Today’s article was written by graduating M.Div student Matthew Wireman who blogs at Off The Wire. This is part 1 of 2. Look for the conclusion of this article next week. Be sure to subscribe to our feed or get Said At Southern updates via email.
One of the blessings I have had is spending a monthly time together with Dr Stuart Scott and some other seminarians. One day another student asked, “How do you all keep from becoming stagnant in your faith while you’re doing in-depth studying at an amazing pace of volume?“ Each of us shared some things we do to keep from being ineffective in our faith. Here are those tips, with some commentary. If you have the time, I’d love to hear some things you might suggest. Perhaps you’re not in seminary and you just have some good words of wisdom for us that are in such studies.
I am no fool. I know that myriads of people who are working full-time find it very hard to press into the Lord. Inertia in the Christian life too often pulls us back when we come up against Satan, the flesh, and the world. As I finish my last week of class in my MDiv studies and look toward PhD work, I hope to implement more of these ideas in my life.
How To Stifle The Seminary Virus
- Take time to read what’s in the parentheses when you’re reading a book. That is, when there is a verse reference, turn in the Bible and read. This may take time and seminary requires that we get a lot of books read, but when you find that rare time…chew on the reading.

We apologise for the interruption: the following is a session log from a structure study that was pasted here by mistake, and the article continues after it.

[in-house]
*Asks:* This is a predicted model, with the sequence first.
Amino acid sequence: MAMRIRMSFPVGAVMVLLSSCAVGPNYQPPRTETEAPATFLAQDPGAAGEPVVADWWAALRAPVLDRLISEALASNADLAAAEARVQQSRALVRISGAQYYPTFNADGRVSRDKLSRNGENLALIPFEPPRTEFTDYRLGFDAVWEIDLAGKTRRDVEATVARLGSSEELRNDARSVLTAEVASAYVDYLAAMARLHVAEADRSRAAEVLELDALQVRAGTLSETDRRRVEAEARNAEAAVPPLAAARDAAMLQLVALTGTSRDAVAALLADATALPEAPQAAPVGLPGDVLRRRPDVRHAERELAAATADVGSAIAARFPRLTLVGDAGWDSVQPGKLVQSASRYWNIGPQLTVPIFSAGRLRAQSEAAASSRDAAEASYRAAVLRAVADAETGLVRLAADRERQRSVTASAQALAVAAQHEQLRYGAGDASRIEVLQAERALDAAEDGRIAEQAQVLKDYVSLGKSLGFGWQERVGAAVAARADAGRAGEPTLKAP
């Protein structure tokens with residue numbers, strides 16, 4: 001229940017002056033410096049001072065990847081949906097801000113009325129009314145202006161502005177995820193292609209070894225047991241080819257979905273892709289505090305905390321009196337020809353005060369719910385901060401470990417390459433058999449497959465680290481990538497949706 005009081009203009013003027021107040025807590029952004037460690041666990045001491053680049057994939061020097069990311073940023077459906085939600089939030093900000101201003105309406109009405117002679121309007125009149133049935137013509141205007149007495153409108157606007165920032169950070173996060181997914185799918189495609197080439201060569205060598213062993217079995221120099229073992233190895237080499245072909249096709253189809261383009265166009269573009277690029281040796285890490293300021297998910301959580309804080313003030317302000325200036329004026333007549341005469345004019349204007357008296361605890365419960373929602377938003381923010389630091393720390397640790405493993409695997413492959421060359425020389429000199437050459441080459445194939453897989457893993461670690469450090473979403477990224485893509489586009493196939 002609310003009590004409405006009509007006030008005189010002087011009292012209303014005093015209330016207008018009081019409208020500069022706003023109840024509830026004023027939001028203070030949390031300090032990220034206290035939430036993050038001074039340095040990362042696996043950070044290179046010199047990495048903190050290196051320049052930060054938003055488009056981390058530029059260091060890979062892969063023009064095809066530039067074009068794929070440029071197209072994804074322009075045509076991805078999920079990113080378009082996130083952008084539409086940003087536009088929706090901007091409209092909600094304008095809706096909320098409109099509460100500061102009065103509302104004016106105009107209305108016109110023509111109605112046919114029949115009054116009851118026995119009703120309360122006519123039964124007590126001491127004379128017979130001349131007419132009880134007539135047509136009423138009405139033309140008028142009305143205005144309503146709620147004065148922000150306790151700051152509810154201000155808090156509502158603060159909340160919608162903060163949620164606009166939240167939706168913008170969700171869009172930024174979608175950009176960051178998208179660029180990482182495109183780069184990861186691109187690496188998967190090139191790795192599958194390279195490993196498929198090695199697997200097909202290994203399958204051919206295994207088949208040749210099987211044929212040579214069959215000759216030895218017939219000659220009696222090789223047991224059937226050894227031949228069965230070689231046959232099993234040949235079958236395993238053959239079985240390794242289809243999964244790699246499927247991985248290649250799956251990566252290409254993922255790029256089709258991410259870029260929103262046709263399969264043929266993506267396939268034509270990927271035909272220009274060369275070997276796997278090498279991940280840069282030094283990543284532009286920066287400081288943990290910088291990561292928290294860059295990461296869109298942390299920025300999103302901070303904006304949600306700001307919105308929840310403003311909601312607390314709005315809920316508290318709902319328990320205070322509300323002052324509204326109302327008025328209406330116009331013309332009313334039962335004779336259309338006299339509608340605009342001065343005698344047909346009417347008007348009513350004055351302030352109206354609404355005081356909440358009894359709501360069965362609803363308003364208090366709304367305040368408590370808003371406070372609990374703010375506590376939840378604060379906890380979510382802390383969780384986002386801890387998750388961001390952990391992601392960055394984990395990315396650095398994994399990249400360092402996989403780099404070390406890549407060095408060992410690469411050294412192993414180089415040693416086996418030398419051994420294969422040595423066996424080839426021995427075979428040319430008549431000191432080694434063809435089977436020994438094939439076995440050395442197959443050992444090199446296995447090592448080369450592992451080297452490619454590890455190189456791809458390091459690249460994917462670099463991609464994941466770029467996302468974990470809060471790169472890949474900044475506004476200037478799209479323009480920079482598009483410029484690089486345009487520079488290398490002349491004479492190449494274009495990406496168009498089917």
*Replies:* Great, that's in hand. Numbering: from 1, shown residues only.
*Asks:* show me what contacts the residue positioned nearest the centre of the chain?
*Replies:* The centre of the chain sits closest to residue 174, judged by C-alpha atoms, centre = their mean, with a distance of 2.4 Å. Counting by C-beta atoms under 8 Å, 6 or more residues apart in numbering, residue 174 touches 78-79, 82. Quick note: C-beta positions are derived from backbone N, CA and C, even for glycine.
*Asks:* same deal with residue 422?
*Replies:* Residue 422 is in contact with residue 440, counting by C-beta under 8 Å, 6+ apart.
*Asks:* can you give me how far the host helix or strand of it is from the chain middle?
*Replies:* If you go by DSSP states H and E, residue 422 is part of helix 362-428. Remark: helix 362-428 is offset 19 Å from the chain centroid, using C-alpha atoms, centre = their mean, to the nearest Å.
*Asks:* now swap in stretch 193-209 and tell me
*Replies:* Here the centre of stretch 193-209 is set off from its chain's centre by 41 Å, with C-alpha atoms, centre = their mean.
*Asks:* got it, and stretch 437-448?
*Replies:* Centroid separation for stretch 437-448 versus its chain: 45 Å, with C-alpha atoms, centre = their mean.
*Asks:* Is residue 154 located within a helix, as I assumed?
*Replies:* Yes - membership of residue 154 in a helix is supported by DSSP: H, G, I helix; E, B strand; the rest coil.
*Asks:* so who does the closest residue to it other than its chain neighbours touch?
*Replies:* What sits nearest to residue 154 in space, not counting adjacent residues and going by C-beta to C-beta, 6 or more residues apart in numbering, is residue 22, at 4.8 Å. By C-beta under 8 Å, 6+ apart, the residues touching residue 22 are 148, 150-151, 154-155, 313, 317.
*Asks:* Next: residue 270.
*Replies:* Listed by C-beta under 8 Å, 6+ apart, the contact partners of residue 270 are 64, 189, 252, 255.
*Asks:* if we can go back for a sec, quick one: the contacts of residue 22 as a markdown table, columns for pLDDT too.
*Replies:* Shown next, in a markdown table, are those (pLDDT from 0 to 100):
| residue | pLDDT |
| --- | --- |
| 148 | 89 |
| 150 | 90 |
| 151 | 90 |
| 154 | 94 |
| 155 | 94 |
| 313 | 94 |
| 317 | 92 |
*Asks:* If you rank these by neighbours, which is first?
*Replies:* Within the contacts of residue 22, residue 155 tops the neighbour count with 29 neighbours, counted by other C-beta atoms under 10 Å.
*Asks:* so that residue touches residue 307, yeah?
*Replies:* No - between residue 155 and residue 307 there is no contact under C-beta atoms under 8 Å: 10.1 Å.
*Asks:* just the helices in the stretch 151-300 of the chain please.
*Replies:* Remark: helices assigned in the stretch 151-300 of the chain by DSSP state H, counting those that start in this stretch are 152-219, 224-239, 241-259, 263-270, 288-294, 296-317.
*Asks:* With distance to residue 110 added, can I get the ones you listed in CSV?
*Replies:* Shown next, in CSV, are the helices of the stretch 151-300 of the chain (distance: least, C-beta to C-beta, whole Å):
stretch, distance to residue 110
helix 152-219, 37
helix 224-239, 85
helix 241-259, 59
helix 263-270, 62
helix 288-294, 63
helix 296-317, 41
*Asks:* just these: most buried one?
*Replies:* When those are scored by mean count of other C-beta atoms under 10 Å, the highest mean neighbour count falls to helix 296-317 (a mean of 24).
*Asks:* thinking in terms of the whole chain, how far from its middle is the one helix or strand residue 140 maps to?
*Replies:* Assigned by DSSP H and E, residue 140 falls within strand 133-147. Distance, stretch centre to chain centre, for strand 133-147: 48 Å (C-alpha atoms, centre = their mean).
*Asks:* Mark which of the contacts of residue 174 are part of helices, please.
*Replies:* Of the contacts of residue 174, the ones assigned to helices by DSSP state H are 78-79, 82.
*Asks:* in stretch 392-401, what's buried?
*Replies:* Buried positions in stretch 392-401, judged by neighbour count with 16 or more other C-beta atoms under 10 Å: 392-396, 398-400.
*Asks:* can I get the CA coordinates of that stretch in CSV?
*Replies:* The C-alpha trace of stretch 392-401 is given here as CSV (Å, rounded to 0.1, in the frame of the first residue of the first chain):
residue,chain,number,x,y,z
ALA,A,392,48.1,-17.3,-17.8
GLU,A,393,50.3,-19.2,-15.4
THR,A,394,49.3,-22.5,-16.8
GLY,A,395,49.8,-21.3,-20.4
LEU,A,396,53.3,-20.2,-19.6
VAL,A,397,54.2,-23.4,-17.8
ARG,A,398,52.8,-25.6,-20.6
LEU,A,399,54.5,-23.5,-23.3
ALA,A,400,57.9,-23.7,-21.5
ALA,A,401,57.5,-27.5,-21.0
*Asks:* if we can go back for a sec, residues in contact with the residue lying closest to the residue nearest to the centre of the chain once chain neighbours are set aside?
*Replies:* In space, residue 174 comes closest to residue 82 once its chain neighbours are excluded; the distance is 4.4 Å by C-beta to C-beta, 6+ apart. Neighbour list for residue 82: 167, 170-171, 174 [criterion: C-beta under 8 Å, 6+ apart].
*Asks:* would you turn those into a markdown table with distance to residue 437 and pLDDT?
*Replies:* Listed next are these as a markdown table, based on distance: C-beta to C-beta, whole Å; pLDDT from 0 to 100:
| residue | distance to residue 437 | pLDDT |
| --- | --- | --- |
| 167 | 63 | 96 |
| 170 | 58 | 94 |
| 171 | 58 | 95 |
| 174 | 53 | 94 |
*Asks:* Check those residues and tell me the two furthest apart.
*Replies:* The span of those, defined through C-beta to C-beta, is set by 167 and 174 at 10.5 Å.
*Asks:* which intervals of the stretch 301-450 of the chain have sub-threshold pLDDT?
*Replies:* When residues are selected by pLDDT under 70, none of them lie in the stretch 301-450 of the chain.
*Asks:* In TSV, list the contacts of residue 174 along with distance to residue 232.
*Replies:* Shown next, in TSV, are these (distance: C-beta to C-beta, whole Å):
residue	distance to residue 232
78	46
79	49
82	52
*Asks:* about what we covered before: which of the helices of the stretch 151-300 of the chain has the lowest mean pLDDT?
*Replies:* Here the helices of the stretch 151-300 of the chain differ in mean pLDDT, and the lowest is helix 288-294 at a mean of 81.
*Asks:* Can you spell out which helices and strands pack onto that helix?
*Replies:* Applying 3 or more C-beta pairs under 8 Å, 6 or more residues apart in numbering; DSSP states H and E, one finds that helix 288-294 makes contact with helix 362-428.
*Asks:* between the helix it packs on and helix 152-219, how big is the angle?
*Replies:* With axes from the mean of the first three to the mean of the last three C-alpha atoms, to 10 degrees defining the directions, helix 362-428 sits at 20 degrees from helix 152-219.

- At the end of the day write what application is learned from your studies. Some questions you can journal through are: 1. What did I read today? 2. What did they teach? 3. What did I learn that was new? 4. What do these things demand of me? 5. How have I not come under these truths over the past year? 6. How will this benefit someone who is struggling in his faith? (i.e. assurance, problem of evil, loss of a loved one . . .)
- Pray before, during, and after studies. This one is very obvious – so why don’t we do it more?
- Ask yourself: “What kind of paper can I write that would minister to someone in my future congregation?” That is, if you are writing on the Problem of Evil think about how the conclusion of your paper would be applicable to the hurting widow. Think about how God’s sovereignty can minister practically to your people. Think through the implications of total depravity for how you will do ministry.
- Remind yourself that you must learn and not merely memorize. One of my pet peeves is when a student asks a professor what they should study for the test. What a travesty! A future pastor is more concerned about making an ‘A’ on an exam rather than having done the hard work throughout the semester of learning the arguments and texts that support their theology.
Have we given into the academy? Do we wrongly equate letters with knowledge? The doubting Thomas sitting in front of you is not going to care if you got an A- or a B+ on your last paper. What he will care about is whether you can persuade him right now. Regurgitation does not mean you have learned, dear seminarian. True wisdom will be manifest in your journal when you answer questions from point #2.
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– posted by Matthew Wireman